After my blog post about the results of the recent elections I got a comment from an old friend, Paul Fisk, who had left the Buffalo area some time ago to the effect that it made him feel old to not know any of the candidates but to have known many of their parents. This led to some mutual reminiscing about people we knew in local government and politics “back in the day,” which for us was the late ‘60’s and ‘70’s. As we had both held various appointive positions, we brought up a number of higher profile non-elected people we knew who had made a difference back then. Long story short, we decided to go visit one who we knew was still around: John B. “JB” Walsh, the attorney who lobbied Albany to get the City of Buffalo help during a period of extreme fiscal stress. Here are Paul’s comments about our visit with JB.
Talking with JB brought us back to a time that seems, in retrospect (and perhaps through rose colored glasses), kinder, gentler, and oddly more hopeful than today. While Buffalo was in dire straits financially, there was not the extreme polarization and dysfunction that exists nationally now. When times got tough, there was bipartisan cooperation to try to make them better.
Buffalo was suffering from the national trends of suburbanization and the loss of rust belt industries, as well as the impact of the St. Lawrence Seaway and the loss of Buffalo’s advantage as the eastern terminus for Great Lakes shipping of iron ore and grain. The decline of Bethlehem and Republic Steel corporations, the grain milling and auto industries in the Buffalo area, and the concomitant loss of city population and tax base put great strain on city financial resources. The New York State constitution’s restriction on Buffalo’s and other major cities’ abilities to raise revenue from the property tax resulted in a noose tightening on city finances. The state’s Taylor Law granting collective bargaining rights to public sector workers, and compulsory binding arbitration to police and fire unions, increased the pressures. In New York City, these sorts of trends and questionable use of borrowing to meet needs ultimately led to the financial crisis of the mid-1970’s and the creation of the New York City Financial Control Board.
JB helped organize the mayors of Buffalo, Rochester, Syracuse, Albany, Yonkers and New York City into a “Big 6” coalition to present common needs to Albany, which achieved some success in increasing state support for the troubled cities. To illustrate the common cause and cooperation that existed, he told the story of learning that New York City was to receive a substantial amount of aid in one bill, while Buffalo was to receive less than it needed, and how Republican NYC Mayor John Lindsay agreed to take just a bit less in order to meet Buffalo’s needs. JB worked with Democratic Mayor Frank Sedita , Governor Hugh Carey and the Assembly Democratic majority, but also with Republican Governor Nelson Rockefeller and State Senate Majority Leader Earl Bridges to funnel needed aid to Buffalo.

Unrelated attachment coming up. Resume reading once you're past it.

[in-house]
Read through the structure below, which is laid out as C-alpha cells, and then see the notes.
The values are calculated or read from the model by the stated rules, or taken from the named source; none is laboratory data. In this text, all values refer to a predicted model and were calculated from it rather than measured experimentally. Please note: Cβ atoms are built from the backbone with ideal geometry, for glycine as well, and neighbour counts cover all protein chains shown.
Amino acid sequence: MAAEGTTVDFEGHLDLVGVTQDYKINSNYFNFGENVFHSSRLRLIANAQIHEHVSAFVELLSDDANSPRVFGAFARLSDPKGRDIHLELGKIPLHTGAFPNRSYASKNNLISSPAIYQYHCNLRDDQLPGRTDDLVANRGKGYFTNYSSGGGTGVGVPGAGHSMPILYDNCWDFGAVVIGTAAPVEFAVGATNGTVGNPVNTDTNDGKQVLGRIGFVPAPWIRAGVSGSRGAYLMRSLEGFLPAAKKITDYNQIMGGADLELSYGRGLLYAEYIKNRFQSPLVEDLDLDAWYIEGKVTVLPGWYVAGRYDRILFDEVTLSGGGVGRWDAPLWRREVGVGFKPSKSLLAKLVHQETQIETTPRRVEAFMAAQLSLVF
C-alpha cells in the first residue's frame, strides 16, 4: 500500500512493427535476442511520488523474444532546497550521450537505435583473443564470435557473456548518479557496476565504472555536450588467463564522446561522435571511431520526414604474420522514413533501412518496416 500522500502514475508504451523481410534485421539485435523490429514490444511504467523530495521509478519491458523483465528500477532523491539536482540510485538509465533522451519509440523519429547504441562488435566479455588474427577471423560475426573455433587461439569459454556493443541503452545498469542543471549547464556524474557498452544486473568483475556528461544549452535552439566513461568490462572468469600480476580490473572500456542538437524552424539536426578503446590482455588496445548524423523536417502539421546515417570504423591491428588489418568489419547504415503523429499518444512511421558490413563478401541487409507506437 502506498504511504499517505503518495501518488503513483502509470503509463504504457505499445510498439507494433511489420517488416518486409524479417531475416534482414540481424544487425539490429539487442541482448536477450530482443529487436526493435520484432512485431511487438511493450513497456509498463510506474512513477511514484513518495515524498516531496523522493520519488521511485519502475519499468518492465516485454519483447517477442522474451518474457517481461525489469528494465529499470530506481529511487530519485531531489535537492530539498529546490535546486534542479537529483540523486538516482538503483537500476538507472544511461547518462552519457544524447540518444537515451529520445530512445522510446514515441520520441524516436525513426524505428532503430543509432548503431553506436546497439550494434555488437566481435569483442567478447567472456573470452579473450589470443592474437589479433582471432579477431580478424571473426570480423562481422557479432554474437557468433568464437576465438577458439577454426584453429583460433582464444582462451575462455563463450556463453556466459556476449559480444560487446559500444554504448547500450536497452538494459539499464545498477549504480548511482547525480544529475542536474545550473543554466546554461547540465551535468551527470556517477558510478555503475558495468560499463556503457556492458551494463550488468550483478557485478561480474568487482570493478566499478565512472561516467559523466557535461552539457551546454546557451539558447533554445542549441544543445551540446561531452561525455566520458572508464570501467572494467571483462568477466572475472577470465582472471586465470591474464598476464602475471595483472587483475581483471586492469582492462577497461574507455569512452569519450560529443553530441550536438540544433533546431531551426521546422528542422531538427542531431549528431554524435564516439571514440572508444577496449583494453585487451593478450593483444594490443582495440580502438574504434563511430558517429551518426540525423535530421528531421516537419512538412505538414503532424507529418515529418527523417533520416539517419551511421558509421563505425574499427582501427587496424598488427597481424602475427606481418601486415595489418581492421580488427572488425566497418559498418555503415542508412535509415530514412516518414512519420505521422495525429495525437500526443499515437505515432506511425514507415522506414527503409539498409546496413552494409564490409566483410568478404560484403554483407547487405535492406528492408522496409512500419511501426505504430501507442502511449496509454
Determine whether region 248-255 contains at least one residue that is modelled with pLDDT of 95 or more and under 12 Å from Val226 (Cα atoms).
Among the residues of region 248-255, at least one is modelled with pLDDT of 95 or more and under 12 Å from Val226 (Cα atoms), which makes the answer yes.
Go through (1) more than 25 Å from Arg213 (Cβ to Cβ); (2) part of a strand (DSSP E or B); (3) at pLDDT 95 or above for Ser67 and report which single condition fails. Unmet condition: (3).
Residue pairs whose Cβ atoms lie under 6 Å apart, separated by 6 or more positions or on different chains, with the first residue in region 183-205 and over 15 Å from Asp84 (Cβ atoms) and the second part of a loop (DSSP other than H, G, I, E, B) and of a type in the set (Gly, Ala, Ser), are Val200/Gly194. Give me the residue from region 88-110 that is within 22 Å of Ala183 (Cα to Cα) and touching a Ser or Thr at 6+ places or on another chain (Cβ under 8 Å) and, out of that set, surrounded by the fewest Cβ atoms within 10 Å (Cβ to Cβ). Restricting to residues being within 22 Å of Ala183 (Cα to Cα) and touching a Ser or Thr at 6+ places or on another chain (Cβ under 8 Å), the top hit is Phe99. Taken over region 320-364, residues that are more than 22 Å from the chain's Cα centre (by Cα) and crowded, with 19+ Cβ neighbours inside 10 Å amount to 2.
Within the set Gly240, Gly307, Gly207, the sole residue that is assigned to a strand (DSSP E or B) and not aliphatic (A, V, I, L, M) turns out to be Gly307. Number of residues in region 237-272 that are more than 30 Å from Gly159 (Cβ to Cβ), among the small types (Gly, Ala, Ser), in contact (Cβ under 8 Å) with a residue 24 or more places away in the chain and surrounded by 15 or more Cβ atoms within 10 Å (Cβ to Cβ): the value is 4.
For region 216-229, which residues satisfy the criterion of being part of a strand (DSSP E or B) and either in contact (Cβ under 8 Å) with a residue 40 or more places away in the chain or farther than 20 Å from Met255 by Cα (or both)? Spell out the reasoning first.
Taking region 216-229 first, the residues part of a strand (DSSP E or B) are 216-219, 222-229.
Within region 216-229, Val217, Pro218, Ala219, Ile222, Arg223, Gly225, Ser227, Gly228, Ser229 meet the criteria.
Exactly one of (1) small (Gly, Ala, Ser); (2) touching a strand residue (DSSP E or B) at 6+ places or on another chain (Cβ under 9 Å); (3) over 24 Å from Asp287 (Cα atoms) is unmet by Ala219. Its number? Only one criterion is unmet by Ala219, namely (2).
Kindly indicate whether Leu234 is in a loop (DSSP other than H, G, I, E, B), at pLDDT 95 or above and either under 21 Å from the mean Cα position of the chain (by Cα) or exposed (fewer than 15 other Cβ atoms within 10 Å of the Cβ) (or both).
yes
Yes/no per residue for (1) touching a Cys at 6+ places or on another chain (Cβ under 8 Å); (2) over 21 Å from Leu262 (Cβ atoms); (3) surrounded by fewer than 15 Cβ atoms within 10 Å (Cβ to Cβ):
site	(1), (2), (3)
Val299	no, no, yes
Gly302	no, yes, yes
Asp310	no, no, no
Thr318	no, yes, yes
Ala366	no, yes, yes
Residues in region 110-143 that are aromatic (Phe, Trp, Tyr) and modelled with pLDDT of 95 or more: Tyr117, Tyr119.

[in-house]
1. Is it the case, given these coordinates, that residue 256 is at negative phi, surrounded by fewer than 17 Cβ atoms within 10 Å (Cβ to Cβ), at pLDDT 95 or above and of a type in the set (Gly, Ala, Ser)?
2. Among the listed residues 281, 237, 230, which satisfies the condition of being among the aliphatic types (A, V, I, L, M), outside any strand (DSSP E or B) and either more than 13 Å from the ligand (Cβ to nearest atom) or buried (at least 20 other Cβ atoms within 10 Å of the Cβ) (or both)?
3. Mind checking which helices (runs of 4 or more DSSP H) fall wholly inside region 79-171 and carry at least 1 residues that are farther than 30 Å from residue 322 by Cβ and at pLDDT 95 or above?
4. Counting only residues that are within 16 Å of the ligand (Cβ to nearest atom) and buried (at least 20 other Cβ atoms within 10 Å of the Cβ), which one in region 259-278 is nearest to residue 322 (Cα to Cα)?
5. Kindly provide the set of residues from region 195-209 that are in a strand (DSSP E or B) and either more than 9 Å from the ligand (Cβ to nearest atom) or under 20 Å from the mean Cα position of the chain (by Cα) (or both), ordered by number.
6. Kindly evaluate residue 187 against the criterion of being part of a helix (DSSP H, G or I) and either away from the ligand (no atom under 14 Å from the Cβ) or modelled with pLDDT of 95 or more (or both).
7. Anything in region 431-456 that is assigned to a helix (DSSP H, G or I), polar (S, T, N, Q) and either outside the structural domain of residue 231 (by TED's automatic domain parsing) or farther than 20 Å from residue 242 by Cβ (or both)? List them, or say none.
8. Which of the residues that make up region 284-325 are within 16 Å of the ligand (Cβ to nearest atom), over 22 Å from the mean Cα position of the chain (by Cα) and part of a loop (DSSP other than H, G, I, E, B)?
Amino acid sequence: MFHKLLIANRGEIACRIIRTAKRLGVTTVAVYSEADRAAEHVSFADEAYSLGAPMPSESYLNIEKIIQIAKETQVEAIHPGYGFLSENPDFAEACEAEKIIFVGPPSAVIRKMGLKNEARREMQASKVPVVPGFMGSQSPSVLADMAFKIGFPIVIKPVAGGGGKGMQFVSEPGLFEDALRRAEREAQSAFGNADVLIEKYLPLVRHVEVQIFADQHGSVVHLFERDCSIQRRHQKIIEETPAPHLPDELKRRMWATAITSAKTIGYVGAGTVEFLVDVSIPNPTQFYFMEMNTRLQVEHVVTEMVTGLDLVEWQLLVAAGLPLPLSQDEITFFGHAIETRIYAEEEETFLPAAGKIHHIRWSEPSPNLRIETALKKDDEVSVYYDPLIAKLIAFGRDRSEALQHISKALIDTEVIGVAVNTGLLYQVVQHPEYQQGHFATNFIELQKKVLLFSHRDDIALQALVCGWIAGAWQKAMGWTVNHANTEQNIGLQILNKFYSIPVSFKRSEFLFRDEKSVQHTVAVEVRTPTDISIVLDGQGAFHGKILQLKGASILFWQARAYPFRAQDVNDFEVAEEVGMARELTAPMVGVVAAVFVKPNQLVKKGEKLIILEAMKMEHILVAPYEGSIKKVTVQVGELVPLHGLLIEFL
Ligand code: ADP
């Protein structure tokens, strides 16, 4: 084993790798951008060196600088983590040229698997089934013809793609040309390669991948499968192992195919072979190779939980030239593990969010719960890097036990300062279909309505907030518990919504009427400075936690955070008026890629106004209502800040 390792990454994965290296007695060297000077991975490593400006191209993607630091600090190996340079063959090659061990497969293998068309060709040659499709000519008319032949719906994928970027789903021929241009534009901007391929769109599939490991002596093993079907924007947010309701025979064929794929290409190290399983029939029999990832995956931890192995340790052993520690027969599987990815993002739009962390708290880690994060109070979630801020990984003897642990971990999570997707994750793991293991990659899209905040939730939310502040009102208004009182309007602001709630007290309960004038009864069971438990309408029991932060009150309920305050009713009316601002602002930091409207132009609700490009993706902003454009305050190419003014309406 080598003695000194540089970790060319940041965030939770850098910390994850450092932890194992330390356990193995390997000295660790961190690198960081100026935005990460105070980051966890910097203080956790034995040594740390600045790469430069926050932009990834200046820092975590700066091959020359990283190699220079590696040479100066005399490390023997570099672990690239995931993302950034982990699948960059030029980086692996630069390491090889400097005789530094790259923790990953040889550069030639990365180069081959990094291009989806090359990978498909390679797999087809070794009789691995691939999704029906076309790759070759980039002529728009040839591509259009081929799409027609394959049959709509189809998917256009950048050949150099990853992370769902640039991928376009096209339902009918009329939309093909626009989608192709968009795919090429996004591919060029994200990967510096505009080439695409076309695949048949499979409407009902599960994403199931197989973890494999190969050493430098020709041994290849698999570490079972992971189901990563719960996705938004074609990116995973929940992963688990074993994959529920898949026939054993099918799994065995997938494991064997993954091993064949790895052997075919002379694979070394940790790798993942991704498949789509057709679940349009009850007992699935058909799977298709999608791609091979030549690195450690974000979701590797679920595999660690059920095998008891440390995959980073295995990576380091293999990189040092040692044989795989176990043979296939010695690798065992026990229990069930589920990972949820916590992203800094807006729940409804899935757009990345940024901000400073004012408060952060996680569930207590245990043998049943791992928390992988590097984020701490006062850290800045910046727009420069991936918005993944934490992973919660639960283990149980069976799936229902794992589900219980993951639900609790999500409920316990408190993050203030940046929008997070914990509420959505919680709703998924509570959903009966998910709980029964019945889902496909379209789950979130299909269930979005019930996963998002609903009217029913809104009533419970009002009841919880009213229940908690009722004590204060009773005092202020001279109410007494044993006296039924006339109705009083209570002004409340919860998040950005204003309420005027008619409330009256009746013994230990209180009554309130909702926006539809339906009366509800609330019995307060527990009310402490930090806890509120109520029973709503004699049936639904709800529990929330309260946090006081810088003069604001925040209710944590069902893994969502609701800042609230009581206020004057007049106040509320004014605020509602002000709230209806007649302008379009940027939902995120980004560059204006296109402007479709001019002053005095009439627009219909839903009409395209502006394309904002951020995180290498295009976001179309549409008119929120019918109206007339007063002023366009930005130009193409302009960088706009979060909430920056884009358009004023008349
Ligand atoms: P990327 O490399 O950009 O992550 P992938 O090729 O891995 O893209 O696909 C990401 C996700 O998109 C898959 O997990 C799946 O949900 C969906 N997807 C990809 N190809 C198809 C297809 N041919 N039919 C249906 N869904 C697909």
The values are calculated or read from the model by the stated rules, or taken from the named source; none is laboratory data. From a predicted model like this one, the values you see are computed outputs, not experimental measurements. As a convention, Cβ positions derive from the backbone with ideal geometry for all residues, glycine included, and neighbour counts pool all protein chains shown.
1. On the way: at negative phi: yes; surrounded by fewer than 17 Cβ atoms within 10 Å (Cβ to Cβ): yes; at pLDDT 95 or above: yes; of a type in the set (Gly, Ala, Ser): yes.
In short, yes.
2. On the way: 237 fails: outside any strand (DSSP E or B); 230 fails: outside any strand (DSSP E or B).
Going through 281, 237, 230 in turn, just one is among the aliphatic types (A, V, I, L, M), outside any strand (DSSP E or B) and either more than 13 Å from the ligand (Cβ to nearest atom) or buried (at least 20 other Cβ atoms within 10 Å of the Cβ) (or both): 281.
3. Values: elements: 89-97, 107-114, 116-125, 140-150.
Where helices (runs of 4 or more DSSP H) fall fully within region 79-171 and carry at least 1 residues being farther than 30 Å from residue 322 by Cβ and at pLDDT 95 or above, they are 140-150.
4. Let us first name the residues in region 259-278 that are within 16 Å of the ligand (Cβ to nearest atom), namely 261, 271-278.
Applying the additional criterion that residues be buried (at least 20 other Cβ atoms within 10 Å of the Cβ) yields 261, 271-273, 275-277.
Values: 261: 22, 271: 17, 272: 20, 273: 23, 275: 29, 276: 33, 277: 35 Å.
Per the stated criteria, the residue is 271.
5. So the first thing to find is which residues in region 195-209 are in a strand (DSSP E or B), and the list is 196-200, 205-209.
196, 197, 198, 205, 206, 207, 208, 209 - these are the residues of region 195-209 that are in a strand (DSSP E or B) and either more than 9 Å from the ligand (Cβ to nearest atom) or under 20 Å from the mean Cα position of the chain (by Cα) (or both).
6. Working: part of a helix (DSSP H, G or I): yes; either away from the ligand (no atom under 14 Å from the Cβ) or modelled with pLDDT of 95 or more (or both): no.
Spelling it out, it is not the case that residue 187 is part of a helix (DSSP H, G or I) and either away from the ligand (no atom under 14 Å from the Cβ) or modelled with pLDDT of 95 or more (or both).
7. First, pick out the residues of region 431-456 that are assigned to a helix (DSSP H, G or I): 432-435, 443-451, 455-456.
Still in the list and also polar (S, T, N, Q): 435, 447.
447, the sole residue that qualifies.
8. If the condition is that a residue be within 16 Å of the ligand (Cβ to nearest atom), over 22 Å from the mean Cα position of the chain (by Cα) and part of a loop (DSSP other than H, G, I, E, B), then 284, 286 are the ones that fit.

A good friend of then Buffalo Budget Director Jim Burns, JB pushed a number of financial plans to provide Buffalo with special assistance. One of the more creative ones was to “sell” to New York State the “reversionary rights” to the Buffalo airport for $5 million (meaning that, should the NFTA ever cease to operate the airport, the rights to do so would revert to the State rather than the City of Buffalo). At various times he was instrumental in negotiating additional aid for the city and school board, and for the NFTA, Sewer Authority, OTB and other entities.
Jim Burns had strong views on local control and self-governance. He believed it would be an abdication of responsibility to surrender decision making authority to an unelected control board. He worked hard to avoid the need for one, and to demonstrate to Albany that Buffalo was doing what it could to try to solve its own problems. One strategy employed was to commission a major consulting firm to do management studies of major city operations, to recommend changes to improve efficiency and effectiveness. Publication of these findings was intended to elicit media and political support for reforms that were potentially controversial and politically difficult to achieve. The strategy did indeed result in controversy, particularly over recommended changes in police and fire operations, and was only modestly successful.
Throughout Buffalo’s financial struggles in those days the Western New York delegation to the state legislature generally acted with admirable cooperation and collegiality to support the city’s legislative agenda, regardless of party affiliation. It was also a time when members of both parties socialized together, and could even trade barbs in a congenial fashion. (One of JB’s roles back then was to write many of the songs used in the annual Capitol Hill Show, a bipartisan political production similar to the Gridiron Club dinner in Washington. And, at 88, JB impressed us with his ability to sing all the lyrics to satirical numbers he’d written four and five decades ago.)
This trip down memory lane with JB was a refreshing reminder that representative democracy can indeed work to solve problems, get things done, and remain reasonably civil. We would do well to keep those memories alive in today’s world.
This post was written by Paul Fisk who, back in the day, held a variety of appointive positions in county and city government, including as Buffalo’s Budget Director under Finance Commissioner Jim Burns late in the Makowski administration.